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Mol Genet Metab DOI:10.1016/j.ymgme.2011.12.005

Metabolic consequences of mitochondrial coenzyme A deficiency in patients with PANK2 mutations.

Publication TypeJournal Article
Year of Publication2012
AuthorsLeoni, V, Strittmatter, L, Zorzi, G, Zibordi, F, Dusi, S, Garavaglia, B, Venco, P, Caccia, C, Souza, AL, Deik, A, Clish, CB, Rimoldi, M, Ciusani, E, Bertini, E, Nardocci, N, Mootha, VK, Tiranti, V
JournalMol Genet Metab
Volume105
Issue3
Pages463-71
Date Published2012 Mar
ISSN1096-7206
KeywordsAdolescent, Adult, Bile Acids and Salts, Child, Child, Preschool, Codon, Nonsense, Coenzyme A, Cohort Studies, Female, Humans, Iron Metabolism Disorders, Lactic Acid, Lipid Metabolism, Lipid Metabolism Disorders, Male, Metabolome, Mitochondria, Neuroaxonal Dystrophies, Pantothenate Kinase-Associated Neurodegeneration, Pantothenic Acid, Phosphotransferases (Alcohol Group Acceptor), Sphingomyelins, Young Adult
Abstract

Pantothenate kinase-associated neurodegeneration (PKAN) is a rare, inborn error of metabolism characterized by iron accumulation in the basal ganglia and by the presence of dystonia, dysarthria, and retinal degeneration. Mutations in pantothenate kinase 2 (PANK2), the rate-limiting enzyme in mitochondrial coenzyme A biosynthesis, represent the most common genetic cause of this disorder. How mutations in this core metabolic enzyme give rise to such a broad clinical spectrum of pathology remains a mystery. To systematically explore its pathogenesis, we performed global metabolic profiling on plasma from a cohort of 14 genetically defined patients and 18 controls. Notably, lactate is elevated in PKAN patients, suggesting dysfunctional mitochondrial metabolism. As predicted, but never previously reported, pantothenate levels are higher in patients with premature stop mutations in PANK2. Global metabolic profiling and follow-up studies in patient-derived fibroblasts also reveal defects in bile acid conjugation and lipid metabolism, pathways that require coenzyme A. These findings raise a novel therapeutic hypothesis, namely, that dietary fats and bile acid supplements may hold potential as disease-modifying interventions. Our study illustrates the value of metabolic profiling as a tool for systematically exploring the biochemical basis of inherited metabolic diseases.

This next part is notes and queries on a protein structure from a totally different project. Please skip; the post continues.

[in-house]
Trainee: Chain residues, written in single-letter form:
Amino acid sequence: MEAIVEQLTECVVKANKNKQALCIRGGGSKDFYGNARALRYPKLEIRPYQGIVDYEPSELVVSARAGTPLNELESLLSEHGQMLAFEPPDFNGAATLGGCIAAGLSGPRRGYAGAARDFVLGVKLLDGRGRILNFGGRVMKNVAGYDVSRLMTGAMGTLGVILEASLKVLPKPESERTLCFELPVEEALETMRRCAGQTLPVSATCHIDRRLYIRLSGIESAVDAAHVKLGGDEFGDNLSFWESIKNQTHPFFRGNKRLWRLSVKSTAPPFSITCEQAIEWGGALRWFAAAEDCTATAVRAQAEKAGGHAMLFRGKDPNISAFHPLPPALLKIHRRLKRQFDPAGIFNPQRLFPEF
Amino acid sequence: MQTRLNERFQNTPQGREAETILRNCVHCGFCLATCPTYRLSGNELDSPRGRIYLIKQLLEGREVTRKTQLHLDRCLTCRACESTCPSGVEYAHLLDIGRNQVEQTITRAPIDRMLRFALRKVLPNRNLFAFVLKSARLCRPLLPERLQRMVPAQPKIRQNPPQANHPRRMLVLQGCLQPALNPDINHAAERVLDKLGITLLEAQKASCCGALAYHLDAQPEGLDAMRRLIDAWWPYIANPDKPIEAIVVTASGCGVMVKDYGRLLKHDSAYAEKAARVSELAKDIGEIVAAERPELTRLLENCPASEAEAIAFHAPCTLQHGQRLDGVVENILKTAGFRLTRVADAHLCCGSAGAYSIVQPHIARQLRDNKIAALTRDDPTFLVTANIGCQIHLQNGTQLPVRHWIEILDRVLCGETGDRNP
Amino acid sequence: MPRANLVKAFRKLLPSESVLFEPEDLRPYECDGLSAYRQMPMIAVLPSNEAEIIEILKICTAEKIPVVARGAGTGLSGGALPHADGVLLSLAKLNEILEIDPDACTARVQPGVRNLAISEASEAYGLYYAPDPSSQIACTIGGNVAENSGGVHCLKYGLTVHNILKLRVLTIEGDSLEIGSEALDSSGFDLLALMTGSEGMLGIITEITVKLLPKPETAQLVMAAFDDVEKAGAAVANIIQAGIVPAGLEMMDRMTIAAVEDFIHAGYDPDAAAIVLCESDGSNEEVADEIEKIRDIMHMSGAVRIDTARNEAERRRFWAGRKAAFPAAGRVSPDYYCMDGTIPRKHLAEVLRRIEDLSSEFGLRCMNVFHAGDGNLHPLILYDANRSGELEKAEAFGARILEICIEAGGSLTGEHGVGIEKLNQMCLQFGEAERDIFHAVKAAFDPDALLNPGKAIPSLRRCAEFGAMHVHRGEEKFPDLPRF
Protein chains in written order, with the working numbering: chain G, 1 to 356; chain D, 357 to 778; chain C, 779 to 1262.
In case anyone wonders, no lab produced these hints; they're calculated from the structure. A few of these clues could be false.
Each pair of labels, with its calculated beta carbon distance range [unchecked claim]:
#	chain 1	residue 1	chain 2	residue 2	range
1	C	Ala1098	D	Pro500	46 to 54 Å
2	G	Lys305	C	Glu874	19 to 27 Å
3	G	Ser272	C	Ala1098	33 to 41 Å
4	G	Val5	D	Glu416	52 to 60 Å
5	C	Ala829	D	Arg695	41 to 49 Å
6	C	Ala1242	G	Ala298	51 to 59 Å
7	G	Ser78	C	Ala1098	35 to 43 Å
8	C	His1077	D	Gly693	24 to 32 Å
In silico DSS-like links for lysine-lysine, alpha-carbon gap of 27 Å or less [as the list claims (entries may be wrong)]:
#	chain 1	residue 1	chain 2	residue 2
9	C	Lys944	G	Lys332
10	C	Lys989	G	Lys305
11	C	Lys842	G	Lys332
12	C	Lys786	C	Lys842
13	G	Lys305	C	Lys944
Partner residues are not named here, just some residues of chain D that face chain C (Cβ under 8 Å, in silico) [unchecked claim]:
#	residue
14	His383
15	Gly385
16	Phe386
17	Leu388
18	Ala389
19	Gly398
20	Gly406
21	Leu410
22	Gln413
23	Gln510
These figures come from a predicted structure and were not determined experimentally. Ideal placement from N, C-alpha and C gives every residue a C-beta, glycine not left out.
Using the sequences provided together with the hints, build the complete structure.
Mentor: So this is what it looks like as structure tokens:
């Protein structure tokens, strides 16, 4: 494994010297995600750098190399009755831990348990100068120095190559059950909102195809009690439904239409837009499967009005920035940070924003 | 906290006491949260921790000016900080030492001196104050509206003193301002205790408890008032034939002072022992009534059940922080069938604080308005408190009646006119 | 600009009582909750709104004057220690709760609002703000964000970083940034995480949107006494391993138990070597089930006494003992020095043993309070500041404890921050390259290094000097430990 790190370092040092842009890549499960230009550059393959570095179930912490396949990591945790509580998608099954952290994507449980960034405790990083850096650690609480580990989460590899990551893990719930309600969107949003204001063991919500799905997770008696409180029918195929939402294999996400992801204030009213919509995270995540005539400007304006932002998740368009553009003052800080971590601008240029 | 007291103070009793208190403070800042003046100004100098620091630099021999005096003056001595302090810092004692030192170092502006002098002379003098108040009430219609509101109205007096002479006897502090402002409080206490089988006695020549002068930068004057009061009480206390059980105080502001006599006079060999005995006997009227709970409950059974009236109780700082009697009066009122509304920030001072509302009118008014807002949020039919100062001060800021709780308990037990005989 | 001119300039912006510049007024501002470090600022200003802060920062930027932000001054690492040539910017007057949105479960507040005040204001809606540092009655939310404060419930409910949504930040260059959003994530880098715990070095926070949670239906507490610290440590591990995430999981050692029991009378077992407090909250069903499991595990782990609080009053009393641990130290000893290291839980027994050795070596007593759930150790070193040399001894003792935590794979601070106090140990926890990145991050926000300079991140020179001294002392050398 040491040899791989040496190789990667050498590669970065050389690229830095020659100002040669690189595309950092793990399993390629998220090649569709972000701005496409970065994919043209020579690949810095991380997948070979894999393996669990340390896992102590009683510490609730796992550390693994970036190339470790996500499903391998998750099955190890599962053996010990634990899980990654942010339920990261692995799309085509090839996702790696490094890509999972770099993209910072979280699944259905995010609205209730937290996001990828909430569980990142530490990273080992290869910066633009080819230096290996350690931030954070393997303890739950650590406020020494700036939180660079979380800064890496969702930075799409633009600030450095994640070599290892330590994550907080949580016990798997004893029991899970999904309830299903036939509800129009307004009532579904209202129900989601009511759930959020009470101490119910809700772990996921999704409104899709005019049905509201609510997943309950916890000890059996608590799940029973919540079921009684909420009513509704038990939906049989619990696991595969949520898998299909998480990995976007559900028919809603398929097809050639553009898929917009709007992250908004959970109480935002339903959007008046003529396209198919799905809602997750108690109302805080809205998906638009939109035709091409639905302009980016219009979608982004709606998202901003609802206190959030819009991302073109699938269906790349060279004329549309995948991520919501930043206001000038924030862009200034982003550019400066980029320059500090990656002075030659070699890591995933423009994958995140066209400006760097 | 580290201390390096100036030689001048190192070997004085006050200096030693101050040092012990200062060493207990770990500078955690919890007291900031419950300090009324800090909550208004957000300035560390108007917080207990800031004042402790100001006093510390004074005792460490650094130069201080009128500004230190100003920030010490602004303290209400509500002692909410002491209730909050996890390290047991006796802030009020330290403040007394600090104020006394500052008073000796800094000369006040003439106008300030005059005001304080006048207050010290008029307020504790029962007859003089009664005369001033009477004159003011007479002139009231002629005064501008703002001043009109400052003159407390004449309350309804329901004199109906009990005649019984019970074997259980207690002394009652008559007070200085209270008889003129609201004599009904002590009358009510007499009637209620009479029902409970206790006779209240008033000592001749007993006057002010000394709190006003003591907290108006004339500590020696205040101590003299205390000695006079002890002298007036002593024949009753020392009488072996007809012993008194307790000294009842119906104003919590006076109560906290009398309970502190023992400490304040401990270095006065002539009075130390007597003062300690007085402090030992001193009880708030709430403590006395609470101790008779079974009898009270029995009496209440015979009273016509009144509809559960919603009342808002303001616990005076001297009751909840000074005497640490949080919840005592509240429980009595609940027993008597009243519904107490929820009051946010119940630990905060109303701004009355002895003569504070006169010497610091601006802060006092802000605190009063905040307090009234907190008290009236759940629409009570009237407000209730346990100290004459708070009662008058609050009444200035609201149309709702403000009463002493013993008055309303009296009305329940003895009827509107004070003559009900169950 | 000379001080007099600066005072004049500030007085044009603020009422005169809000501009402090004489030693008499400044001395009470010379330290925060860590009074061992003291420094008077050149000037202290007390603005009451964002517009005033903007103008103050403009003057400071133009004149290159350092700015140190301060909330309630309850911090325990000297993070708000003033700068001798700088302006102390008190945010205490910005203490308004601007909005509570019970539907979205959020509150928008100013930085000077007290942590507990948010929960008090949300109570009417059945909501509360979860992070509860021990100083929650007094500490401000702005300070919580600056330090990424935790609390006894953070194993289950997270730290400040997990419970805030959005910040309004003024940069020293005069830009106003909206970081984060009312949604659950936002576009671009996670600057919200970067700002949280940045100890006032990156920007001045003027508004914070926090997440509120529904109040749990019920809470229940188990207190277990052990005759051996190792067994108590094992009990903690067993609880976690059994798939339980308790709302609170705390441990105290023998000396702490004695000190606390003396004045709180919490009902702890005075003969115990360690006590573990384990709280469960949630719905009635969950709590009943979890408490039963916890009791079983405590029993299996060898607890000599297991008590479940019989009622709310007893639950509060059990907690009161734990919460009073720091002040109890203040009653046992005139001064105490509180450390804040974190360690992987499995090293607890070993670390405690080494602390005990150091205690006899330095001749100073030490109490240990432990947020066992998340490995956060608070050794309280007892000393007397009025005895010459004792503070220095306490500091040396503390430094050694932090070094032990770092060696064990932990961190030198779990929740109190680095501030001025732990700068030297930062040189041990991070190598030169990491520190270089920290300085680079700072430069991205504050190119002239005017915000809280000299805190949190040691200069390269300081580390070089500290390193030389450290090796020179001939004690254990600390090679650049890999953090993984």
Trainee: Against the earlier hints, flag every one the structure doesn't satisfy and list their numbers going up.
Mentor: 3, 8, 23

URLhttp://linkinghub.elsevier.com/retrieve/pii/S1096-7192(11)00623-8
DOI10.1016/j.ymgme.2011.12.005
Pubmed

http://www.ncbi.nlm.nih.gov/pubmed/22221393?dopt=Abstract

Alternate JournalMol. Genet. Metab.
PubMed ID22221393
PubMed Central IDPMC3487396
Grant ListGTB07001 / / Telethon / Italy
R01 DK081457 / DK / NIDDK NIH HHS / United States
R01 DK081457-01 / DK / NIDDK NIH HHS / United States
R01DK081457 / DK / NIDDK NIH HHS / United States